Giants: Parade or Election? : Sunday Salon

Giants: Parade or Election?


Monday evening, I was walking down a desolate street, on my way to a church meeting. I heard a boy screaming something in the distance. I saw a couple carrying a box of Pizza from the Pizza parlor from the Main Avenue. Thinking about the New York Giants. My joy for them. My loyalty to New York. But when I heard that their parade would be on election day, my conspiracy theorist personality surfaced. What difference would the parade make on votes? How many would waste much of their day at the parade celebrating only to forget to vote? How many people held the election in the back of their minds already before it was buried behind the New York Giants, The SuperBowl Champions?

This led me to think about what Chris Rock said about holding elections for Presidency on Tuesday. What an inconvenience? Years ago, I remember asking my parents if they had voted after a long day’s work, after my mother muscling her way through Jersey City ‘s traffic, after my father’s long train ride from Summit, after cooking dinner for the family, after checking my homework. They responded in deep exhaustion. Another responsibility on the chain.

However, there is never an excuse to NOT vote. Voting SHOULD become a priority in the mist of a hundred important things we do day to day. Since voting for presidency is only once every four years it is a small adjustment to rearrange our schedules and our television shows in order to sift through the candidates and listen to the debates. But we, black people, are stricken with disdain for the country, for politicians, for the government. What battles we face, tearing back the distractions, grappling our way to find the opening of a closed curtain.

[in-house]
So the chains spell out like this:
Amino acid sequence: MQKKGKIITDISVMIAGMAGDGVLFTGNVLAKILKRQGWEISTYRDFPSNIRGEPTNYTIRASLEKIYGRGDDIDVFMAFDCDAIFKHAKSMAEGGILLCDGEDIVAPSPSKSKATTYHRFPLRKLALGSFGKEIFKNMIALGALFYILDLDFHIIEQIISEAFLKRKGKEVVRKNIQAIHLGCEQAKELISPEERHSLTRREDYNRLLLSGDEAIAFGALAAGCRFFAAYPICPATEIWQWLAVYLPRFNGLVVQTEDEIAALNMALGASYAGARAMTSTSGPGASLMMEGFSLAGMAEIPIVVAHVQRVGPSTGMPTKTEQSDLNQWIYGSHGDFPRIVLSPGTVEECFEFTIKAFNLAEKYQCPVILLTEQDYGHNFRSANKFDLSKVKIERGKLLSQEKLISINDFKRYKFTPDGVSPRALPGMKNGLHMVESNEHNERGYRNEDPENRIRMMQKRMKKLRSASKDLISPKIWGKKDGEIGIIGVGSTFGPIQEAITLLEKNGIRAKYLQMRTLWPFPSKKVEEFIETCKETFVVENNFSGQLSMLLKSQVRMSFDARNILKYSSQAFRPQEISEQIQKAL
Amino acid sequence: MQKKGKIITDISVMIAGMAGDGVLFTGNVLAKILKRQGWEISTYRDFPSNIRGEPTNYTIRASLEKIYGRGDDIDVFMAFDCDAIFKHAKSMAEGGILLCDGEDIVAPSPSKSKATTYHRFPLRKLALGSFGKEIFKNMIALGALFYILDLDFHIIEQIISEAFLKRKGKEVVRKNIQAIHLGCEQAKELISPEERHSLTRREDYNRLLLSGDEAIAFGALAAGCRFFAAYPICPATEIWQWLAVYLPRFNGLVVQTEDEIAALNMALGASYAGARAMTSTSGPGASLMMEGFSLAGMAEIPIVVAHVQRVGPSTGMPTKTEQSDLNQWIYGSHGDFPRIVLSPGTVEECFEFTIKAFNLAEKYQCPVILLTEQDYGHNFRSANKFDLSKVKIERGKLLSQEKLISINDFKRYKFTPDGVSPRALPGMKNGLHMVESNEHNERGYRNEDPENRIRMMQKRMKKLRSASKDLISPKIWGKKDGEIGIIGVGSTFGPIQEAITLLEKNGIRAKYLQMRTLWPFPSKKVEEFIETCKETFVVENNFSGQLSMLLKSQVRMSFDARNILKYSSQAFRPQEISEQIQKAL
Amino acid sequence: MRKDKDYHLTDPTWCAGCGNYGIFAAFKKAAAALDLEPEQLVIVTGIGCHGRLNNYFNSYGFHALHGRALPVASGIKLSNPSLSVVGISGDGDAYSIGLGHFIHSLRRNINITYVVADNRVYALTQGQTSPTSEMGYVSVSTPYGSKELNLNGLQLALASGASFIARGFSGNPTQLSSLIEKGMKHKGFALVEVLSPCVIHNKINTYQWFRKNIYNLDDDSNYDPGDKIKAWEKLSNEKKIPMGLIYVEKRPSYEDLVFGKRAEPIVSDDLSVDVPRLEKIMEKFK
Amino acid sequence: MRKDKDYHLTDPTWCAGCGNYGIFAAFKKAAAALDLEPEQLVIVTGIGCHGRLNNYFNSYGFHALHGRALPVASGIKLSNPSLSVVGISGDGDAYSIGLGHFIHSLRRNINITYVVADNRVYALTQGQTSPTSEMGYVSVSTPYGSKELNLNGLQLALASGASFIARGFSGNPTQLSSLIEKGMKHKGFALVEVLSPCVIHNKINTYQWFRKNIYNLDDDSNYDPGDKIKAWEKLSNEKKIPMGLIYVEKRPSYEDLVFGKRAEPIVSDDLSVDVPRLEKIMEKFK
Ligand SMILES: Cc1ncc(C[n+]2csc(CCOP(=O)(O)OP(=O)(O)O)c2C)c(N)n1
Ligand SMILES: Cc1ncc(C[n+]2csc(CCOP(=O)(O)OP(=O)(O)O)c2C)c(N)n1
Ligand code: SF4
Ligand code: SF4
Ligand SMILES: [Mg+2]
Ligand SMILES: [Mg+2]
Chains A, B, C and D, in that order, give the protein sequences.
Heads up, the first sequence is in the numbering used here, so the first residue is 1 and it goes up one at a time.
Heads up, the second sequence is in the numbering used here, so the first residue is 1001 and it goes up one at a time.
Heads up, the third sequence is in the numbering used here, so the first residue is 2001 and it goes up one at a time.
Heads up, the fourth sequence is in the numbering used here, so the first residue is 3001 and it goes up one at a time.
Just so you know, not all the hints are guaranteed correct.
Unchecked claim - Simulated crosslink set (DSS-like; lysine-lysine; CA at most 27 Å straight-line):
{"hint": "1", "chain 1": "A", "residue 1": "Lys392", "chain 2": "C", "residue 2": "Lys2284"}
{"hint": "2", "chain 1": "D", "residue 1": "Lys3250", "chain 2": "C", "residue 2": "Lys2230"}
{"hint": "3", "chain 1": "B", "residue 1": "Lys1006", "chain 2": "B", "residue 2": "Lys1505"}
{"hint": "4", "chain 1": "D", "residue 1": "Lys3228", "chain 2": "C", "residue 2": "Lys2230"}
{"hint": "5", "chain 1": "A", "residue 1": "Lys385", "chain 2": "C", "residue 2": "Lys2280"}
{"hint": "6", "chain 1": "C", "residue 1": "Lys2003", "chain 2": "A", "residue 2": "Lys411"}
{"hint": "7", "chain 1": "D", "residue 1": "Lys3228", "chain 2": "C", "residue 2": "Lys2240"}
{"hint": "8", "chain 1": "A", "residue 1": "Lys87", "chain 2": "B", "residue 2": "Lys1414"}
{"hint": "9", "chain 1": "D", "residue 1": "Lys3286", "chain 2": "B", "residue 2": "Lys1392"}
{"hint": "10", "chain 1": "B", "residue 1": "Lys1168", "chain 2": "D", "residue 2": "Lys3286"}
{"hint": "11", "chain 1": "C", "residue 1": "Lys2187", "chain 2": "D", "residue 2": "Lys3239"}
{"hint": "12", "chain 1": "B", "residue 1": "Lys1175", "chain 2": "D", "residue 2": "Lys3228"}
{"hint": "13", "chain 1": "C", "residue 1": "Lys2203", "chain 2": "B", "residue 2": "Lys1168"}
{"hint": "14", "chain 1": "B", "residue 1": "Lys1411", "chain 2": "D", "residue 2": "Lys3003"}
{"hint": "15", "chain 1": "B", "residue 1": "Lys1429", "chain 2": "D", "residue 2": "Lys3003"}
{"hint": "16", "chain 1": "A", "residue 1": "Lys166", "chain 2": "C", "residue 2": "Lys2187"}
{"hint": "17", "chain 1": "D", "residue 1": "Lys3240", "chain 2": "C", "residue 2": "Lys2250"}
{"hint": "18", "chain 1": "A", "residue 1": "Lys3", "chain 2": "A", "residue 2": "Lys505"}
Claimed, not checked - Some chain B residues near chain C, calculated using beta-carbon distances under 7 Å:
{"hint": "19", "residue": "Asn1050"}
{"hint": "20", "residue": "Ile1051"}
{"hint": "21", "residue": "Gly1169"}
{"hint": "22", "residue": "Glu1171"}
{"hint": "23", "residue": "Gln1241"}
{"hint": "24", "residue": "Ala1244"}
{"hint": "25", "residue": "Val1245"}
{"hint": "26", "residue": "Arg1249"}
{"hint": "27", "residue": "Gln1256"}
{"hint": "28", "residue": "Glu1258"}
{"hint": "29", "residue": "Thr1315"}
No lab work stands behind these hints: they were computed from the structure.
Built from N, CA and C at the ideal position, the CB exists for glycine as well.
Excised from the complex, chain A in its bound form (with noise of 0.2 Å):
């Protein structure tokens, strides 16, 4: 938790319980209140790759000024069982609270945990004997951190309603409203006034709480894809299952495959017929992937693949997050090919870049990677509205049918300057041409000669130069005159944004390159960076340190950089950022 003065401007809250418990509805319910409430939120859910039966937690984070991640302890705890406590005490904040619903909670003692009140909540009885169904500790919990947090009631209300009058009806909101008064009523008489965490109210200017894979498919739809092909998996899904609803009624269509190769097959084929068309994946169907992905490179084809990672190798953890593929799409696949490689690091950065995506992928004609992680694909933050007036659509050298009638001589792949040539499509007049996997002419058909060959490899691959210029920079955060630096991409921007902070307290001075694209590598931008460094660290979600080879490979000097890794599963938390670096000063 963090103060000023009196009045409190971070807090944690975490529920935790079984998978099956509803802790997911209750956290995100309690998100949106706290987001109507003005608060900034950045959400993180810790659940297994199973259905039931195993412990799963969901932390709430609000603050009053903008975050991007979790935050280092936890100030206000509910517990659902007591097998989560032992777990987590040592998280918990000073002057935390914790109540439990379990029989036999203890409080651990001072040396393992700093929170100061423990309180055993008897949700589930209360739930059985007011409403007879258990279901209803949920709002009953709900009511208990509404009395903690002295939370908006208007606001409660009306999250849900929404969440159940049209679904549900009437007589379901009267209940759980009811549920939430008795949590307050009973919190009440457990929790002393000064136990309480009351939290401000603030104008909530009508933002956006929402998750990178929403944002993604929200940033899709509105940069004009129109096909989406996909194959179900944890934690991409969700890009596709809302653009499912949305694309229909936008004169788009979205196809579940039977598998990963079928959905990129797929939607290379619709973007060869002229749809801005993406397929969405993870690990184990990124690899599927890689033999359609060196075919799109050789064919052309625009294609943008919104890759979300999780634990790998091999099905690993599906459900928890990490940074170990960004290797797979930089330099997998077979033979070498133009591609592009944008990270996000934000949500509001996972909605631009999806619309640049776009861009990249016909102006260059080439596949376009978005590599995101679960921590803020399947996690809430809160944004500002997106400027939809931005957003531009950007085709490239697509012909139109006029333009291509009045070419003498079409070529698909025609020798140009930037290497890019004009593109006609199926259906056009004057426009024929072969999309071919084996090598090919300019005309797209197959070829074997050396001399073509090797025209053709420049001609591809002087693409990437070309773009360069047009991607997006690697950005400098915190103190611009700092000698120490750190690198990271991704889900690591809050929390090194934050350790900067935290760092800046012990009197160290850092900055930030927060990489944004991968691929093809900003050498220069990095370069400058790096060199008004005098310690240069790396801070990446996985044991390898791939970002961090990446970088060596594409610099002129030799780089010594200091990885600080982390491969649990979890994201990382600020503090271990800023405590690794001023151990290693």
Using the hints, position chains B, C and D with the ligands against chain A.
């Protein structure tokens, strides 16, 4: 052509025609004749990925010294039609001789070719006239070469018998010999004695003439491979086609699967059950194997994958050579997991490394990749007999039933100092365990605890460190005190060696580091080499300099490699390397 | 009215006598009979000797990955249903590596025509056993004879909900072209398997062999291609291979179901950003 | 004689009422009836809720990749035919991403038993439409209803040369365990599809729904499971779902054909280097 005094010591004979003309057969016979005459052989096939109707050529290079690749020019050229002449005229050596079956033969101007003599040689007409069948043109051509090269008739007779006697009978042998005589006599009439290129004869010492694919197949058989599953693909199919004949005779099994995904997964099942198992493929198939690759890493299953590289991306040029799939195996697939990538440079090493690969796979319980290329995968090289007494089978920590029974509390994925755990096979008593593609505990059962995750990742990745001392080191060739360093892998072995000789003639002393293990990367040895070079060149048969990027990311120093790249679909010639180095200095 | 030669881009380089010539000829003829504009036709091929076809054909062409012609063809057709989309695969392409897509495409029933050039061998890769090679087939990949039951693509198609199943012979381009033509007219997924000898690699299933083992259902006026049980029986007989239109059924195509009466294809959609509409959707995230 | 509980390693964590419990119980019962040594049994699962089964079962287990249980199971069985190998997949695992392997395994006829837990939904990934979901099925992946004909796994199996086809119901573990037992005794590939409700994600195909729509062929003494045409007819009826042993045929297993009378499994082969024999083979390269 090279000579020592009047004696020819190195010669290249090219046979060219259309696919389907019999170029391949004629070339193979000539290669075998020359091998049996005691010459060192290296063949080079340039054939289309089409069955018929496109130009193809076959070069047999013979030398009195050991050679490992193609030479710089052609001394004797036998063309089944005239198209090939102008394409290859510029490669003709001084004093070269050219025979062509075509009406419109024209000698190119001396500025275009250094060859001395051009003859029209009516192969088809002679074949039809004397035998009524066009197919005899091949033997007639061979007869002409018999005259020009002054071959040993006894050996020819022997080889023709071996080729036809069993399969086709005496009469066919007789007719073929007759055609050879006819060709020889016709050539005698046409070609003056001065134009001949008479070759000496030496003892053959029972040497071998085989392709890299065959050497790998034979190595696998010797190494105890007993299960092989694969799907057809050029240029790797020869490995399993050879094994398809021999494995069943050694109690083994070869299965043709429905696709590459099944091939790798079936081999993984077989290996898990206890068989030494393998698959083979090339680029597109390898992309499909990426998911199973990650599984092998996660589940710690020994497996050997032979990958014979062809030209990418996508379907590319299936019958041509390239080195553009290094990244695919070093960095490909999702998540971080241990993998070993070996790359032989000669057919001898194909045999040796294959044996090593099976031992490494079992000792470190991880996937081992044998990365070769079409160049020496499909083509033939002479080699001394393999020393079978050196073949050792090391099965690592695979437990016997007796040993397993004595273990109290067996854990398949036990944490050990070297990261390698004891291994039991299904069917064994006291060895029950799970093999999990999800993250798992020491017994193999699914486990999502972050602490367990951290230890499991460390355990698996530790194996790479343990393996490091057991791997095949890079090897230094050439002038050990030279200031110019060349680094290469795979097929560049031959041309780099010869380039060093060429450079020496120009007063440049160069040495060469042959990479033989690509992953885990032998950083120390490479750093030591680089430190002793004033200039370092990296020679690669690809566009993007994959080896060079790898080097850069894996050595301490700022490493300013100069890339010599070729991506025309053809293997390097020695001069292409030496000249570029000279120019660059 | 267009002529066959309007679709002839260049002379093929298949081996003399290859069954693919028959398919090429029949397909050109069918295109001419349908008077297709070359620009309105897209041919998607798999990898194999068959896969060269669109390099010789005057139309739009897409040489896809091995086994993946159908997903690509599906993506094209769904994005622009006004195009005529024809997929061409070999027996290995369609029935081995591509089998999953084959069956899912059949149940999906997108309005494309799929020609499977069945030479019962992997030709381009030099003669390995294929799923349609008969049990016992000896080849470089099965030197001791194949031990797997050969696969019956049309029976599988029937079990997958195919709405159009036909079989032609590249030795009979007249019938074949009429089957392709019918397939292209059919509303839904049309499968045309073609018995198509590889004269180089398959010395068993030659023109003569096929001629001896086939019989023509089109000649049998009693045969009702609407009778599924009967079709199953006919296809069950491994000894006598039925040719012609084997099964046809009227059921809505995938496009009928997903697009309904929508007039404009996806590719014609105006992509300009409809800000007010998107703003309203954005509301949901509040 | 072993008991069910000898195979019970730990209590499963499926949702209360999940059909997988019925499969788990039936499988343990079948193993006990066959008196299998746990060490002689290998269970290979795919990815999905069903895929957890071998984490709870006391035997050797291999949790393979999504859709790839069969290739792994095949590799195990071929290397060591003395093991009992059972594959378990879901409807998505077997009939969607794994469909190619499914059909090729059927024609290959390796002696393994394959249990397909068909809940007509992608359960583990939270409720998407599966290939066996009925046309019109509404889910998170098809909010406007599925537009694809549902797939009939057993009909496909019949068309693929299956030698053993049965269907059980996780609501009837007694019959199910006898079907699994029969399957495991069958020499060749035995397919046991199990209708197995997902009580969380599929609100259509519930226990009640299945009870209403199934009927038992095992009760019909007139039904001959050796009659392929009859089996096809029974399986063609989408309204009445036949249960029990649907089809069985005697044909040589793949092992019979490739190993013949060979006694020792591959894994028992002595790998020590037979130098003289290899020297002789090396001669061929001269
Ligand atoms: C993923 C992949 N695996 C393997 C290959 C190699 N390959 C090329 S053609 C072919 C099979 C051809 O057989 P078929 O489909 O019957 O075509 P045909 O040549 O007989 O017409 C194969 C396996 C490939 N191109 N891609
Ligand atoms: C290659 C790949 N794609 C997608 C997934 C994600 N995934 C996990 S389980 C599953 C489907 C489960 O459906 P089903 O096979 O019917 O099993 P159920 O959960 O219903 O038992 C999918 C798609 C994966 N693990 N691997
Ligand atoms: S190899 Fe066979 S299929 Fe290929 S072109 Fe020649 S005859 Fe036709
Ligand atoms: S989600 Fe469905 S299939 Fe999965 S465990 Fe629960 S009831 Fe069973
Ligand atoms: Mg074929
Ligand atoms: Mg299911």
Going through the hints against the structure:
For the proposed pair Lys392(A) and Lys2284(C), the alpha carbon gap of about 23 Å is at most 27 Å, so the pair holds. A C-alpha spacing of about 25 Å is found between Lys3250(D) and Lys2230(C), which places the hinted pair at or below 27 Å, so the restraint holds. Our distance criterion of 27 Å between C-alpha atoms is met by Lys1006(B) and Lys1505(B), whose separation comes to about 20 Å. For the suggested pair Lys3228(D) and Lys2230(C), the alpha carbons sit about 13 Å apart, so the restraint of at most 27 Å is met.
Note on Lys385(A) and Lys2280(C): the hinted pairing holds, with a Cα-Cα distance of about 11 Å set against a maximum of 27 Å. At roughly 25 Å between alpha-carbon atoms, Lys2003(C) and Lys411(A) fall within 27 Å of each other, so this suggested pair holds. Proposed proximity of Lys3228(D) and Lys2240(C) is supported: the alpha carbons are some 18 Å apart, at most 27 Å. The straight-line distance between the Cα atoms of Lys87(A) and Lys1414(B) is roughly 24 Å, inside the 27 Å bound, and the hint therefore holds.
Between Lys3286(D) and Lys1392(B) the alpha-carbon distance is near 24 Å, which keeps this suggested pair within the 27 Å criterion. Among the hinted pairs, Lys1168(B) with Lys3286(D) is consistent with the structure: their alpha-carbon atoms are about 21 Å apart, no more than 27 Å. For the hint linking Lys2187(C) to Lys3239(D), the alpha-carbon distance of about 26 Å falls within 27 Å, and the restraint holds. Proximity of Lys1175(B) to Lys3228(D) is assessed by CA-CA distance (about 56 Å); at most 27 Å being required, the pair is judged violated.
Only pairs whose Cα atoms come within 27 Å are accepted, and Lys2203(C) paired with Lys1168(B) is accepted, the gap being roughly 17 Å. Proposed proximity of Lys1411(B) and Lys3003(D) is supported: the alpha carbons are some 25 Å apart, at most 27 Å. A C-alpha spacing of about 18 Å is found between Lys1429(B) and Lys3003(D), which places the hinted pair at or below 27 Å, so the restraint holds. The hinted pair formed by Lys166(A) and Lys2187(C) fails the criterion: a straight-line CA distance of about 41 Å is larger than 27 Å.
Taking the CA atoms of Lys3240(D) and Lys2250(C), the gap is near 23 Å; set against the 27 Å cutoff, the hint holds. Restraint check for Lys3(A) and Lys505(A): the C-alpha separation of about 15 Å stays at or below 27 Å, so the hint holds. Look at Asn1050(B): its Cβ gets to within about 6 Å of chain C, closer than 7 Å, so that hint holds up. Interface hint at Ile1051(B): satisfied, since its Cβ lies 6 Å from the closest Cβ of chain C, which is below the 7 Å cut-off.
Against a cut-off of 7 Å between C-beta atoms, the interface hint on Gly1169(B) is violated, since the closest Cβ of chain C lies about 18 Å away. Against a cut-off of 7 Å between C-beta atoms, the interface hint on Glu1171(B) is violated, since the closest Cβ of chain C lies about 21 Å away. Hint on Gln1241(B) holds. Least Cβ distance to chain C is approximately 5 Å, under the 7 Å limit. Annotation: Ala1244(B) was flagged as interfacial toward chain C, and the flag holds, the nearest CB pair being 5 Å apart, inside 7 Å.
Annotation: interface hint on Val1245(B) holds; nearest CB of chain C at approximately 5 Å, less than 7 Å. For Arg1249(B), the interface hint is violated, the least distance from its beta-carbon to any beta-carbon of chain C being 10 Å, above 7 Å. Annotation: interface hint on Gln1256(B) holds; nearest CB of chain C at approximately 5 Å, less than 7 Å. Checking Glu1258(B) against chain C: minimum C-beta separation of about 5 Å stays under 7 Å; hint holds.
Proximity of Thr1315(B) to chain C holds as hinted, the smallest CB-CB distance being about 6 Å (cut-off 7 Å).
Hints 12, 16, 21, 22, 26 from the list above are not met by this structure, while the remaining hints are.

With my own cumbersome workload, time involved with Church activities, energy focused on school and study, and hours daydreaming and procrastinating, I had found enough time to make my own decision, although I already had my mind made up when I saw my brother. But I owe much thanks to my beautiful girlfriend and her constant curiosity and fight for knowledge and understanding. For some of our time together was to watch the debates or see debates on YouTube and other websites. The people we trust in our lives shape the minds more than the media ever could.

But such a disappointment I feel now for most of the conversations have been spent talking about the Giants and NOT Barack. An underhanded distraction. Somebody who was going to the parade first thing Tuesday told me that the parade will be held in New York about 10am and another rally will be held at the Meadowlands at 4pm. I pray that people have a chance to vote in the in between. I pray for a divine reminder of the real importance for Tuesday, February 05, 2008. We need a shift in celebration. I pray that our ancestors shake the ground underneath us so that we recognize the celebration for another GIANT, another VICTORY.

But all my ideas were left to myself. My prayers were all hidden with the wisdom of God. This street I traveled down was buried behind the Main Avenue, the shopping center. As the screaming boy neared I had to disconnect from my thoughts, my worries to hear what he was chanting. I heard his words, I felt his message. A young black boy, maybe nine to ten years old. Maybe influenced by his parents. Maybe influenced by his teacher. Maybe he was under the tutelage of an older neighbor, an older brother, a beautiful sister, a warm and loving grandmother. Whichever, he chose to carry the message to the masses. To do his part. To scream loud enough to pierce through the closed curtain. To pull people from their dinners for only a second. To convince people to turn down their televisions to hear what was being chanted. The little boy chanted “VOTE FOR BARACK!” I could only imagine where his march started, but I heard and saw him from three blocks away and watched him repeat it another four blocks away from me. His shout never weakened. His rhythm was never lost. He was alone and with everyone of us at the same time. Maybe his reasons were simple. Maybe his reasons were justified. Maybe he saw Barack and he saw himself, a black boy for president, a black man for progress. A nine or ten black boy, maybe four feet tall stood and shouted and chanted like a Giant. Like David to Goliath. Like Barack to an Old America.


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